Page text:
The XX Factor

Reprise: Do Boys and Girls Learn Differently?

Do boys and girls learn differently? Here’s the latest entry in the fight this question never fails to provoke. On the side of sticking closely to the evidence from the field of neuroscience is Lise Eliot, author of Pink Brain, Blue Brain , who calls the claims about neurologic difference mostly bogus. Girls and boys tend to develop different interests, yes, but “their differences in cognitive and emotional abilities-ranging from verbal and mathematical skill to attention span, memory, empathy, and even activity level-are far smaller than the range of such abilities among girls or boys alone.” On the other side is Michael Gurian, a guru for the idea that boys are falling behind and need special help, and his co-authors, Kelley King and Kathy Stevens. Gurian tries in vain to make this a fight between scientific equals . King plays the card that unlike Eliot, she works with real children ( in the comments ).

This is a fight with real stakes: It’s about whether we hype brain-based sex differences and assume they’re behind the distinctions in how kids behave, or carefully parse out the relatively small role neurology plays, compared to all the other factors that influence kids. (Along with Eliot’s book, Rebecca Jordan-Young’s Brain Storm is another new scientific offering on this front.) Eliot emailed me to say that with a group of academics, she’s about to launch a new group called American Council for Co-Educational Schools, with a web site “to provide parents, teachers and journalists with the real facts on single-sex versus coed schools and gender differences/similarities in the brain and learning.” It sounds like a retort to the Gurian Institute.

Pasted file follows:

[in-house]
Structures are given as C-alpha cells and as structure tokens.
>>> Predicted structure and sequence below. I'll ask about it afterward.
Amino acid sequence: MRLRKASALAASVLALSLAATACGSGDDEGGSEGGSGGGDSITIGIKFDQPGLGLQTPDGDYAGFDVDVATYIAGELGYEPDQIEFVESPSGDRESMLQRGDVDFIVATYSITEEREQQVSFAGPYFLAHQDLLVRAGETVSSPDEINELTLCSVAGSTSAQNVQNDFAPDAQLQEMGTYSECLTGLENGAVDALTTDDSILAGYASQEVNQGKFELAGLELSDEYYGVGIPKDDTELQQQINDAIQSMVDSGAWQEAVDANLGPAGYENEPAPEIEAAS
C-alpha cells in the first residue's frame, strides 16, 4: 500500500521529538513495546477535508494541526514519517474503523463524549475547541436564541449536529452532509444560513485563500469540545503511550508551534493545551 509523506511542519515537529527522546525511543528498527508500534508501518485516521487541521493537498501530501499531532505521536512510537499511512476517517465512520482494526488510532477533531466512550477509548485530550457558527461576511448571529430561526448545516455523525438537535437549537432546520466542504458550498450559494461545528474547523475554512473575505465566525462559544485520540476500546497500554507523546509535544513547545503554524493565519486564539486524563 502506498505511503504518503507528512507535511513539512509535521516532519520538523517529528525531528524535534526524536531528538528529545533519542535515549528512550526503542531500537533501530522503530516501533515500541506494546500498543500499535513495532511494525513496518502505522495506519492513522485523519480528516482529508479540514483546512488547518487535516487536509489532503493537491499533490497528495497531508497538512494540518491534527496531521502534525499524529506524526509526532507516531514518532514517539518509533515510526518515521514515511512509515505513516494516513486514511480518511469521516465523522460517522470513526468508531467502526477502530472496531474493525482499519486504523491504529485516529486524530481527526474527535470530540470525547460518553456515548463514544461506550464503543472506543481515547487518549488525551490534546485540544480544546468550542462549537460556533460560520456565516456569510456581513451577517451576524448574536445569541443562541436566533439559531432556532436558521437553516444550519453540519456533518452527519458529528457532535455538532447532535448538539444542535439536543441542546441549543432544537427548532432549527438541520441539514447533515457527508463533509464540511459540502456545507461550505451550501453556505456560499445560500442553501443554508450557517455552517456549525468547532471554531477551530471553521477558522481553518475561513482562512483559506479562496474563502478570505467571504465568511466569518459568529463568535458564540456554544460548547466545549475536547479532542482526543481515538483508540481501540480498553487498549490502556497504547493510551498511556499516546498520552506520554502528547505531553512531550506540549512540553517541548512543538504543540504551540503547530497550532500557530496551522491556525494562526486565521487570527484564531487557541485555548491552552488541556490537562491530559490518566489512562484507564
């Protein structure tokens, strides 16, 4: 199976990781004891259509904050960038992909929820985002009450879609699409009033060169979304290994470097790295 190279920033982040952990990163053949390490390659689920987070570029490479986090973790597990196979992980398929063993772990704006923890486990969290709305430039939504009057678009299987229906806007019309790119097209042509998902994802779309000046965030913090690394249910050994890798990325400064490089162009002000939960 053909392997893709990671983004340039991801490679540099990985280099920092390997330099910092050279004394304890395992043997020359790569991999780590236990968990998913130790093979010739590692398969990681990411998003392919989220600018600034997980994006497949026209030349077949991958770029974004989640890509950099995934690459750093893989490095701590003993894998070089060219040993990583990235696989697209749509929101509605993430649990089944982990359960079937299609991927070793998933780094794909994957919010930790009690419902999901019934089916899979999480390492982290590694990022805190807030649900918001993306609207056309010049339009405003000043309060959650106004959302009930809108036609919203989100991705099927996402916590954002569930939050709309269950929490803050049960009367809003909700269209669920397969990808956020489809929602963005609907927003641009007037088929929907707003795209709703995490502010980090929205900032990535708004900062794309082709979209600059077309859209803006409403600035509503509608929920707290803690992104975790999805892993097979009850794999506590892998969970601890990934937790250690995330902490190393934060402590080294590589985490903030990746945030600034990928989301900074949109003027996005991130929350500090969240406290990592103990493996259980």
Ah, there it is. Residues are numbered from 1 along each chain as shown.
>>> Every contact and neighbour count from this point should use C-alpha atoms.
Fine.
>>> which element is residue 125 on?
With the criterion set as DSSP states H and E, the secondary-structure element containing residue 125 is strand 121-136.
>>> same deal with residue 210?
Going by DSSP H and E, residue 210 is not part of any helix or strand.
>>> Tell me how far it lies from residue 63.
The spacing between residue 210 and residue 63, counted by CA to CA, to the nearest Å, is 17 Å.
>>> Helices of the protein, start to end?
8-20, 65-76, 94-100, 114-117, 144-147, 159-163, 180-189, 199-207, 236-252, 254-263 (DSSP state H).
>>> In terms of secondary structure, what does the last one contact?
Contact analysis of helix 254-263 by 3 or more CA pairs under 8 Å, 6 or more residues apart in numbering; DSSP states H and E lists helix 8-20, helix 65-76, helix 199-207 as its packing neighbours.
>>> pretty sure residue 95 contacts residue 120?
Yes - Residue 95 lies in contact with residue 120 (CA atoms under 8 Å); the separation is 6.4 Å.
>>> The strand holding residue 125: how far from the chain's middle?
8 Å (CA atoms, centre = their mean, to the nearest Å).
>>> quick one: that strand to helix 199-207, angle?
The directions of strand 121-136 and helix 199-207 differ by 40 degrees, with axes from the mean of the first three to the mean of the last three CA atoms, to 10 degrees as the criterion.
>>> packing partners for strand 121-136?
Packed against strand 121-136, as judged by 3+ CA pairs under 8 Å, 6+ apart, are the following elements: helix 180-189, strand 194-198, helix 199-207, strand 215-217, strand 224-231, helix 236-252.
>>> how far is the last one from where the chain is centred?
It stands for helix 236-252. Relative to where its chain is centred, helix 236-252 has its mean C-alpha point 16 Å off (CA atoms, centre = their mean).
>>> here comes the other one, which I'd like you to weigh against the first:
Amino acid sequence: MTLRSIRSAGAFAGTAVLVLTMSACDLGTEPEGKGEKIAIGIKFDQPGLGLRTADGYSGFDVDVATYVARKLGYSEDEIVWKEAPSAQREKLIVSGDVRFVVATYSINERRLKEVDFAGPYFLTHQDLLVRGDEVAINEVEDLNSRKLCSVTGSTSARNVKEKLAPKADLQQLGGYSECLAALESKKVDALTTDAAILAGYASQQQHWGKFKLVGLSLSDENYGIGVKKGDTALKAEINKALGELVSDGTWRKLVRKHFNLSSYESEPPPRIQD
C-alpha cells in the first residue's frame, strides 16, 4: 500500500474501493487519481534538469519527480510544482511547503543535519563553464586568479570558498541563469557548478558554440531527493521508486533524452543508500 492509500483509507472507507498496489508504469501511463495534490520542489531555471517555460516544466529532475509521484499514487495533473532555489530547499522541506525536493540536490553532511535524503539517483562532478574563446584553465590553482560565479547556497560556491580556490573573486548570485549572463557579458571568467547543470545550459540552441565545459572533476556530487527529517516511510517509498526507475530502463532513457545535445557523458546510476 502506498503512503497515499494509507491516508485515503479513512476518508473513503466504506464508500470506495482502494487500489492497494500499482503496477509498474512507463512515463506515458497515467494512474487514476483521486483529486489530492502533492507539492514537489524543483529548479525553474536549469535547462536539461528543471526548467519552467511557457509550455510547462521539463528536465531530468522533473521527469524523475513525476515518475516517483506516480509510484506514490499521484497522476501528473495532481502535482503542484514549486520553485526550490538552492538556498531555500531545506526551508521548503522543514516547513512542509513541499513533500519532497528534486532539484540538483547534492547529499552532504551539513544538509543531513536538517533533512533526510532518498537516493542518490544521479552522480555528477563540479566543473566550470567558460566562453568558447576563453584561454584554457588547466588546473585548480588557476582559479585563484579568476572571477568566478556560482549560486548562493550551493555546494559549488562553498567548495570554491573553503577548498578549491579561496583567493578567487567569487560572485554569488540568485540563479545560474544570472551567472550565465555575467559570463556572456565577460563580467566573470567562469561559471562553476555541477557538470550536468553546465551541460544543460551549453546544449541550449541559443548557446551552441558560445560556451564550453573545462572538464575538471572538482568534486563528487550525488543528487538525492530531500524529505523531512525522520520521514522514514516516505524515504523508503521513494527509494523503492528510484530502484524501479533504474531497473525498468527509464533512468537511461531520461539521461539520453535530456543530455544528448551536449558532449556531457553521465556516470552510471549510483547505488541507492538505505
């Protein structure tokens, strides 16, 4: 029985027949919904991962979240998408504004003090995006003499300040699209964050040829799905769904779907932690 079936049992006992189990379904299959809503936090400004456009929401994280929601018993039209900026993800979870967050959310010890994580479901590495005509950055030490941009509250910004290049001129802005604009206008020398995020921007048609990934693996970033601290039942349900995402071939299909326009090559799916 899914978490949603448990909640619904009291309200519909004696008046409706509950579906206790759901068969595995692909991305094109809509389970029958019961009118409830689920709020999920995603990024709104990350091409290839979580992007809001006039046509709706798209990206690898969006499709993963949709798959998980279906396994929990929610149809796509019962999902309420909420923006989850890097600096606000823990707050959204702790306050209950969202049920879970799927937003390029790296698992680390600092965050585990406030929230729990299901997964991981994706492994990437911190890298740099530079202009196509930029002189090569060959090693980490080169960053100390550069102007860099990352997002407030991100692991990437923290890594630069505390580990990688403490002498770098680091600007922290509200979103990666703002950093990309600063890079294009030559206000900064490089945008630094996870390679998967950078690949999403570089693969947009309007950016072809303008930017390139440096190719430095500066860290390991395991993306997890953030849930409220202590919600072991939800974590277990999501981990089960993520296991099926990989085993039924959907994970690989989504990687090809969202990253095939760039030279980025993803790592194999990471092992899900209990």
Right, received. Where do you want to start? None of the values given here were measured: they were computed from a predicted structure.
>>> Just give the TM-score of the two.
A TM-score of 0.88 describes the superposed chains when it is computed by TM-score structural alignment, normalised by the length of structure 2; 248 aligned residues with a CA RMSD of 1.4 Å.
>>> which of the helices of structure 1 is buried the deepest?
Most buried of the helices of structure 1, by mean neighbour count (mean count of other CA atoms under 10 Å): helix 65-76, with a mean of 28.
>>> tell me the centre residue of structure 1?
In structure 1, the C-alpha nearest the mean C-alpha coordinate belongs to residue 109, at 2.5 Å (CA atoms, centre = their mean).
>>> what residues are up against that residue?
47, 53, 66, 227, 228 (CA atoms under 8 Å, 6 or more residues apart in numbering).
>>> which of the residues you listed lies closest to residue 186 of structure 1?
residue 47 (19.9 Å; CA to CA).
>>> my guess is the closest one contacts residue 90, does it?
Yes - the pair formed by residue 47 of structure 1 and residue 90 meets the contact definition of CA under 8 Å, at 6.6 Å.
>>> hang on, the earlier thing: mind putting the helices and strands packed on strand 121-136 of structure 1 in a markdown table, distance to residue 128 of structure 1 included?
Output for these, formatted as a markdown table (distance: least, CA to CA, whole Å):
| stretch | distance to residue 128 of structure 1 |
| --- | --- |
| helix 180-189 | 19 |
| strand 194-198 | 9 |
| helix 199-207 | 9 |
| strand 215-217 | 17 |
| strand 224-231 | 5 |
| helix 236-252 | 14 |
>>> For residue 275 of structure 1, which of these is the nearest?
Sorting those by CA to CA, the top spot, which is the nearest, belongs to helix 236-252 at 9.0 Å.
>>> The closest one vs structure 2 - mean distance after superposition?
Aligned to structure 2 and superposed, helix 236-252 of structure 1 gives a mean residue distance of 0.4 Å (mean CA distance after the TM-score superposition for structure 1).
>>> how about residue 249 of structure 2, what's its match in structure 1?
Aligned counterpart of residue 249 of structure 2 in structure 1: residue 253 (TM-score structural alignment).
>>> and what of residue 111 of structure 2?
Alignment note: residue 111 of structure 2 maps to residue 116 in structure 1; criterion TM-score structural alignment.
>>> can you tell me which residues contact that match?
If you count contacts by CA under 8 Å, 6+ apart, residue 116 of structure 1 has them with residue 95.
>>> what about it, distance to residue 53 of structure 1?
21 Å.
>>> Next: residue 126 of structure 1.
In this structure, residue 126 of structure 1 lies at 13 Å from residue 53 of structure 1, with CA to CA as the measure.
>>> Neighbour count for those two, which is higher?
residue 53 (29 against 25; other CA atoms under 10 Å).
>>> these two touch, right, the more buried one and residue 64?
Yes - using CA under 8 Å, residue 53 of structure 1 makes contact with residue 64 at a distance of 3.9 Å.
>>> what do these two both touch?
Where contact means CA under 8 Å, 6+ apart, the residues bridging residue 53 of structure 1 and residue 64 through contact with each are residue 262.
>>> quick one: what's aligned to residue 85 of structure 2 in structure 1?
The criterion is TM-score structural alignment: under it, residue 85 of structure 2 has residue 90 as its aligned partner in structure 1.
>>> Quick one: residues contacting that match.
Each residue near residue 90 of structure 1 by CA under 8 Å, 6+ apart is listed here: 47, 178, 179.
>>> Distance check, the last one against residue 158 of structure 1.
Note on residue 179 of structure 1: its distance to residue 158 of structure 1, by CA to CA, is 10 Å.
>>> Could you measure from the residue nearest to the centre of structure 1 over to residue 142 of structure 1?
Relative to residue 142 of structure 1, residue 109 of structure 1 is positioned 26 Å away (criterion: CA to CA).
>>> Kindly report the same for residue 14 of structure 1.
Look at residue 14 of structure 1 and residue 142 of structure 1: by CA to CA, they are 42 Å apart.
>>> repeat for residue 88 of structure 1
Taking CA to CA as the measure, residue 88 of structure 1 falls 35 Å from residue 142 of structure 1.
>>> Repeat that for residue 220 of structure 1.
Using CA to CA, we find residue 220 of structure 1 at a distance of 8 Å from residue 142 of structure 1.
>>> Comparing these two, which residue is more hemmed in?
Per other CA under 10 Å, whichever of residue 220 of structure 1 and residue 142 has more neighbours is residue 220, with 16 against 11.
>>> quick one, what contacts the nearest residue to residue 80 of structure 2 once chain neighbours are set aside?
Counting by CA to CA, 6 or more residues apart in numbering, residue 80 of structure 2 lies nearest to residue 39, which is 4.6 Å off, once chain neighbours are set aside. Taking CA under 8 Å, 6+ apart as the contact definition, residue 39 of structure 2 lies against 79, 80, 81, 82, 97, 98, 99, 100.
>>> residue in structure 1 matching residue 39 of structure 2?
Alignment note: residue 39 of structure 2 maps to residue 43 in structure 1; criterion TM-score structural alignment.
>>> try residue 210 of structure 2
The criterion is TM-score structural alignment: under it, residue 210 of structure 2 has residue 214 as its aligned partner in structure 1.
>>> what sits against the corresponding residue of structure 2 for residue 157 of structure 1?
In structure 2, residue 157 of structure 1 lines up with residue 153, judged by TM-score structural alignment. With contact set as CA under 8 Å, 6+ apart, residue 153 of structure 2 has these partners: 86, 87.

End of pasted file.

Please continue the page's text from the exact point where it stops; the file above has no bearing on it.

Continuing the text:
When you move from theory to the classroom, the division seems less rancorous. Gurian and his co-authors push for more classroom movement (kids throw a beach ball in a circle to reinforce concepts) and visual learning (drawing along with writing). In this sedentary era, who’d argue with getting students out of their chairs? And as Eliot points out, visual and spatial learning is for girls, too: Gurian, King, and Stevens quote a teacher who found that 35 of 38 girls opted for a “visual-spatial project” on Hamlet when she let them choose among making a video, creating a talk show, doing a choral reading, or writing a screenplay. Why do the good ideas have to come with insistence on hard-wired difference?

Photograph courtesy of Library and Archives Canada, via Wikimedia Commons.